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lish, as compared with some other tongues, as ground for indulgence.
Of such are those that are widely different in the vowel sound, as:
Beauty and youth, and wealth and luxury, And sprightly hope, and short-enduring joy.
Or which are different, both in the vowel-sound and in the consonants which follow it, as:
All trades of death that deal in steel for gains Were there ; the butcher, armourer, and smith, Who forges sharpen'd falchions or the scythe.
Or those in which the consonants preceding the vowel are of the same sound, as :
But this bold lord, with manly strength endued, She with one finger and a thumb subdued.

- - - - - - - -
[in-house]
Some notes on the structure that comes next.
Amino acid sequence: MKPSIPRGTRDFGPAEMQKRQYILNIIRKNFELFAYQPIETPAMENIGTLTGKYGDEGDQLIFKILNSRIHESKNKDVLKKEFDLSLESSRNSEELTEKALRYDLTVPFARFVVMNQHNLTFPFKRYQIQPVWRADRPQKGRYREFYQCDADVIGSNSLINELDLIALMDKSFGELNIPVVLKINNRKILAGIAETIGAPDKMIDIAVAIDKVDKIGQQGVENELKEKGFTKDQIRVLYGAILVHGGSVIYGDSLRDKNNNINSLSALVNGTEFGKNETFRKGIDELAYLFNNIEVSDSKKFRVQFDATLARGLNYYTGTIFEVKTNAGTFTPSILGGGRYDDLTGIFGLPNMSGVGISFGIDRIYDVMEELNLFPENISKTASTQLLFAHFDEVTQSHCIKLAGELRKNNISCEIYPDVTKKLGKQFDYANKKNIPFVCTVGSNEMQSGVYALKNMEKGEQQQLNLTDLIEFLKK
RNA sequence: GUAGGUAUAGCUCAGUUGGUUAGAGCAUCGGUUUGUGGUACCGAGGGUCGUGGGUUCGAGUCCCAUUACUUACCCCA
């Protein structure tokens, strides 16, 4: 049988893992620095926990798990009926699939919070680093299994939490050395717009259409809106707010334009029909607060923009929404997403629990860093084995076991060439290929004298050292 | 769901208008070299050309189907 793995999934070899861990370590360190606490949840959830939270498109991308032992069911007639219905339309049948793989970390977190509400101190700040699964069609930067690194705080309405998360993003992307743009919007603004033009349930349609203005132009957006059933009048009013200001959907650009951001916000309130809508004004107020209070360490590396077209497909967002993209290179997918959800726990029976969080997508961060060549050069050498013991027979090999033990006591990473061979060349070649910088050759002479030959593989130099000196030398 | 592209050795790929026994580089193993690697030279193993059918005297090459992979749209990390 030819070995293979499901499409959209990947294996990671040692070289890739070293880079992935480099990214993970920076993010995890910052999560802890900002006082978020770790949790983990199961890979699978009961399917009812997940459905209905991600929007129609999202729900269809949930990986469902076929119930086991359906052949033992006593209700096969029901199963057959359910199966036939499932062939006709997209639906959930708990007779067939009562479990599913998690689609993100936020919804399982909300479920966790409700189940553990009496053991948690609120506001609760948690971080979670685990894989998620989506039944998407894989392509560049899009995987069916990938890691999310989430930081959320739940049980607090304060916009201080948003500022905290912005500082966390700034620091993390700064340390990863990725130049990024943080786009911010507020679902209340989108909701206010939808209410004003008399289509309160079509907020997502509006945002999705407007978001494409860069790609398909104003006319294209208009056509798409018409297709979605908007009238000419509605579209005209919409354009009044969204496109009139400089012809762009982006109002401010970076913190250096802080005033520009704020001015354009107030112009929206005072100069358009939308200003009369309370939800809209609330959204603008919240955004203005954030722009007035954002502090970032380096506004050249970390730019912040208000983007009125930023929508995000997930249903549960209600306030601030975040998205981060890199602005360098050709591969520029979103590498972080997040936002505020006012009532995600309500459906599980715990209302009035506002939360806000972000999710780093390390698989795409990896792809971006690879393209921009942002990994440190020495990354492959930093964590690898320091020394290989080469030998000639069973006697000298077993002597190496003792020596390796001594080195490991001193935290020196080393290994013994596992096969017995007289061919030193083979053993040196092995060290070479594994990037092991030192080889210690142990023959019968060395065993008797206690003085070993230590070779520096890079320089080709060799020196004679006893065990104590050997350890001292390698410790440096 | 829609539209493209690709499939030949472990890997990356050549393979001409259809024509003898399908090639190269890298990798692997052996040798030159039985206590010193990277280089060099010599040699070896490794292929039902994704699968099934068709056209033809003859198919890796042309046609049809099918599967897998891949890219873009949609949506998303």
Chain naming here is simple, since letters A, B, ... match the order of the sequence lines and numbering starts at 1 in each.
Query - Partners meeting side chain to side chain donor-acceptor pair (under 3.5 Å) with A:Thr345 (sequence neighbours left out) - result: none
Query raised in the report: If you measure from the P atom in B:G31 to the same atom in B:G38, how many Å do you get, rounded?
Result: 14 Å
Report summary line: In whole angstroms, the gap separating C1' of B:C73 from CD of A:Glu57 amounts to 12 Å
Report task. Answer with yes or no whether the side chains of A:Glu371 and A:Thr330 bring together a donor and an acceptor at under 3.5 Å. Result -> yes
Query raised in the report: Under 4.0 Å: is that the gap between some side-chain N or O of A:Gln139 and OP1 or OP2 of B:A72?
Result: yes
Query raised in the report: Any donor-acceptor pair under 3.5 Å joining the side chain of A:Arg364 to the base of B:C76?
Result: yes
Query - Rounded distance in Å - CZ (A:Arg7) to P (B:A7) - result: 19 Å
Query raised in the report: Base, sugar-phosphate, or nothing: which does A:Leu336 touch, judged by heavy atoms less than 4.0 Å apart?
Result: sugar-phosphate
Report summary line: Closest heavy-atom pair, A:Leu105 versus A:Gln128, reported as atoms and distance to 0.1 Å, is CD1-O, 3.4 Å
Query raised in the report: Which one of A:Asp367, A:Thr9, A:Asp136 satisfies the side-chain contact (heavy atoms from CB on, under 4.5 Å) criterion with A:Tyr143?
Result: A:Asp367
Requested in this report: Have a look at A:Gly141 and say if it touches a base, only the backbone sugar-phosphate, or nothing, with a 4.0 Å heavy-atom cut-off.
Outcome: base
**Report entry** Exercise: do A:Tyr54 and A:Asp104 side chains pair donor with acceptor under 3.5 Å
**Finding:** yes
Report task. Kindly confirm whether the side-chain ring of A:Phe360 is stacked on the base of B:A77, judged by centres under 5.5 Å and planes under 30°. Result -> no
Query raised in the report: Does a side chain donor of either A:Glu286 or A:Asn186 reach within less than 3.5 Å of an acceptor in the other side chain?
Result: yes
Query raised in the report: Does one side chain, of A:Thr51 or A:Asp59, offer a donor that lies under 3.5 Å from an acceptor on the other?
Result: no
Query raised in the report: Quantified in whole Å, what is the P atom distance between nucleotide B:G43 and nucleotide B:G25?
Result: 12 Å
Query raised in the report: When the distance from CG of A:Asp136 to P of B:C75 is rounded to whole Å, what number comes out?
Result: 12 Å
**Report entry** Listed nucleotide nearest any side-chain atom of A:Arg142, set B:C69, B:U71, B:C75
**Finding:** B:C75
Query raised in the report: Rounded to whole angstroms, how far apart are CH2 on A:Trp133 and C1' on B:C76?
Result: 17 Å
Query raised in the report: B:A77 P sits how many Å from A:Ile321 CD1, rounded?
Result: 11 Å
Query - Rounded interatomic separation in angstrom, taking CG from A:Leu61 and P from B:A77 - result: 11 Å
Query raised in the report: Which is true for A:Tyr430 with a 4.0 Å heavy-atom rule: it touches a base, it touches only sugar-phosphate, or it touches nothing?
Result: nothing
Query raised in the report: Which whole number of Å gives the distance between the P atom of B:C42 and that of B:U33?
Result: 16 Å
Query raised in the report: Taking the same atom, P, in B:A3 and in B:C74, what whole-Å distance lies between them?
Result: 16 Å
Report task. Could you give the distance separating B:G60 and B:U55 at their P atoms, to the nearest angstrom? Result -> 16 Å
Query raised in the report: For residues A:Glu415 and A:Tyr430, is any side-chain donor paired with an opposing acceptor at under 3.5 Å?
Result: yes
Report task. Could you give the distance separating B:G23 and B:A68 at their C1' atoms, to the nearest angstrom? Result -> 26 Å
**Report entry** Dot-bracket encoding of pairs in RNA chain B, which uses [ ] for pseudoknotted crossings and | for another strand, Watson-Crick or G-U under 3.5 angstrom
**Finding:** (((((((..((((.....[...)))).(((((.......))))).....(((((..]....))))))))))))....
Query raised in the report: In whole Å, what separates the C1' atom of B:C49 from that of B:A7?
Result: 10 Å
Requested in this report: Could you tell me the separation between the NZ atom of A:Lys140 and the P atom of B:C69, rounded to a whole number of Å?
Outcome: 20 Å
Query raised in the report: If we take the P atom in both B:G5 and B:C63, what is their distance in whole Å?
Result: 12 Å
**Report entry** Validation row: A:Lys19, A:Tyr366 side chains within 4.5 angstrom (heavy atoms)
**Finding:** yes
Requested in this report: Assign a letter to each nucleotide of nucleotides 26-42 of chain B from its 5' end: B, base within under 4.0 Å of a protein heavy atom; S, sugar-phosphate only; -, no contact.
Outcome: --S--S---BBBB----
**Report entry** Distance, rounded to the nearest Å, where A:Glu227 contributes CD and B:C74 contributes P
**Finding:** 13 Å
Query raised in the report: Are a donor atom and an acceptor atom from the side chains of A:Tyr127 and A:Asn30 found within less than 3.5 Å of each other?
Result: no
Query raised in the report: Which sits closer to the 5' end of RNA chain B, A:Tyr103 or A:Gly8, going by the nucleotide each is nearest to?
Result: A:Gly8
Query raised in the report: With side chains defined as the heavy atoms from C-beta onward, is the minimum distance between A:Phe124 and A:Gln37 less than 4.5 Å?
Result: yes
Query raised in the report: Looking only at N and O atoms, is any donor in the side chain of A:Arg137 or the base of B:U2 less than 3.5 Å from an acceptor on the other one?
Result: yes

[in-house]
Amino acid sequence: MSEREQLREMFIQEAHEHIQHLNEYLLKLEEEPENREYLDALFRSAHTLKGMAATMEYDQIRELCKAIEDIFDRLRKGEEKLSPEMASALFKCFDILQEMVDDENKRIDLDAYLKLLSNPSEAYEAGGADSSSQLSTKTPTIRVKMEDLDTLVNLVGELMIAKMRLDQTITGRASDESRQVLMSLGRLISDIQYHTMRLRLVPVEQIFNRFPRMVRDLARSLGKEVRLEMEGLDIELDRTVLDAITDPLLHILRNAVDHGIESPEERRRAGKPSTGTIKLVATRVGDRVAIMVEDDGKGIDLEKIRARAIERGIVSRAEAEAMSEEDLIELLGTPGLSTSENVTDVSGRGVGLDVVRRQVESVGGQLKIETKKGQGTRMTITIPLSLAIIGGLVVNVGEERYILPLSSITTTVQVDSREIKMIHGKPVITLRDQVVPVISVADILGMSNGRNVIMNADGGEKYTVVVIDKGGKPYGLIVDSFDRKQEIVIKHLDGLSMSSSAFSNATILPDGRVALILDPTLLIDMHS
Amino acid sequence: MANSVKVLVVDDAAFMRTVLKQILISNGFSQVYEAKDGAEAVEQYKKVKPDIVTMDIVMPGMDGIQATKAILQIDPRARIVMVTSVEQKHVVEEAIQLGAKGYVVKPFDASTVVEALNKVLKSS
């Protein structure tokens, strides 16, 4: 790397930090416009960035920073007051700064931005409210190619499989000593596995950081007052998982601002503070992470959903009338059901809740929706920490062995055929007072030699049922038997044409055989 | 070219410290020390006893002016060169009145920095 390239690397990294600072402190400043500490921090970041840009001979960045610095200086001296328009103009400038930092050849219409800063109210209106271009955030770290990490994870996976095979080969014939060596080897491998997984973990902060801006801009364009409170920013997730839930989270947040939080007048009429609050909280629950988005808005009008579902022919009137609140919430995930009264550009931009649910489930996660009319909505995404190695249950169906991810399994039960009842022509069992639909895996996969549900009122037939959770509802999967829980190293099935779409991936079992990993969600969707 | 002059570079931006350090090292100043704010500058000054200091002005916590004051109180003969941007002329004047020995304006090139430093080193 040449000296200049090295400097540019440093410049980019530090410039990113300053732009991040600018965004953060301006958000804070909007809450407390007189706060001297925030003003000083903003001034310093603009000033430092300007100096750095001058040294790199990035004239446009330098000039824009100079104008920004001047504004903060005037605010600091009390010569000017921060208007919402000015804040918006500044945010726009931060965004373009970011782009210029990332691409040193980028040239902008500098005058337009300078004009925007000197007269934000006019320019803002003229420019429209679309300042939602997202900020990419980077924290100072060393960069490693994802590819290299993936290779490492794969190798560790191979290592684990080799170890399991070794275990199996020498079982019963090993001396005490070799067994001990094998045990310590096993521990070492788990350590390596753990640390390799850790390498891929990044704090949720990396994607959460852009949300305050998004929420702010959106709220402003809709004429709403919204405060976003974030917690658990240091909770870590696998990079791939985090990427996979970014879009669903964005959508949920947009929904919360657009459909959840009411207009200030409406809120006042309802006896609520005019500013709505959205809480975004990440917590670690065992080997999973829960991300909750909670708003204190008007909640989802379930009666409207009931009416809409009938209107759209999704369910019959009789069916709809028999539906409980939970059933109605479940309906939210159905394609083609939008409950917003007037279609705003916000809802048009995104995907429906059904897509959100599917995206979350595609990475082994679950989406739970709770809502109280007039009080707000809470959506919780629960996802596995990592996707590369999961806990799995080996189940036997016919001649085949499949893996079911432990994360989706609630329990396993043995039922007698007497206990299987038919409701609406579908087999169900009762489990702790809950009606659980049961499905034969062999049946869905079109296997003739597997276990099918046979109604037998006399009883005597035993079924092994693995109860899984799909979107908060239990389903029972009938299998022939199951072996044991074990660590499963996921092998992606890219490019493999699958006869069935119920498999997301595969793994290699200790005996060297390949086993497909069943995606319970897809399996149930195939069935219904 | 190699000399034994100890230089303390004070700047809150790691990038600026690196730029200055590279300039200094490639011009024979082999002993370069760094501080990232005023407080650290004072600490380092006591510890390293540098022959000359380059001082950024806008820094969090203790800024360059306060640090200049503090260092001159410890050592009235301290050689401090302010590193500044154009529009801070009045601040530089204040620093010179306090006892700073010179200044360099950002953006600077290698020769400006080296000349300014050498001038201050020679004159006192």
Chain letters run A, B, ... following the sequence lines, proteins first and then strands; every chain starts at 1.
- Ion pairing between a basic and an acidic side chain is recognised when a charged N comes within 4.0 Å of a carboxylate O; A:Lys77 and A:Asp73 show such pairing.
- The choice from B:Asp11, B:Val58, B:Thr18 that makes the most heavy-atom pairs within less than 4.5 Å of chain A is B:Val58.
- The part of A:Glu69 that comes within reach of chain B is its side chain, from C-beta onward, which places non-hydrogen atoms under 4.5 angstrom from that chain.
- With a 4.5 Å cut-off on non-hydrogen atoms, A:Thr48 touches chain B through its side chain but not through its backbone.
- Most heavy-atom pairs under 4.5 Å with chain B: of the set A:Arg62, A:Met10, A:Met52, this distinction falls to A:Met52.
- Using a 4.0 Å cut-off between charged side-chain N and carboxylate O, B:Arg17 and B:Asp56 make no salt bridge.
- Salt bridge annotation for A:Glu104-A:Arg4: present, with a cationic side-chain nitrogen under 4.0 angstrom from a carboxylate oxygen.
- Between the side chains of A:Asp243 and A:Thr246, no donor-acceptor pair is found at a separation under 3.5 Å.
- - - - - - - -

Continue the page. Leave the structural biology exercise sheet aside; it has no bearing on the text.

The last is an instance of pure assonance, which is not admissible into modern poetry, though it was common enough with our earlier writers, and is still allowable in French verse.
Another gross violation of the requirements of rhyme is where the preceding consonants have the same sound, and the vowel and what follows it different ones, as in atttempting to make a rhyme of scenes and sense.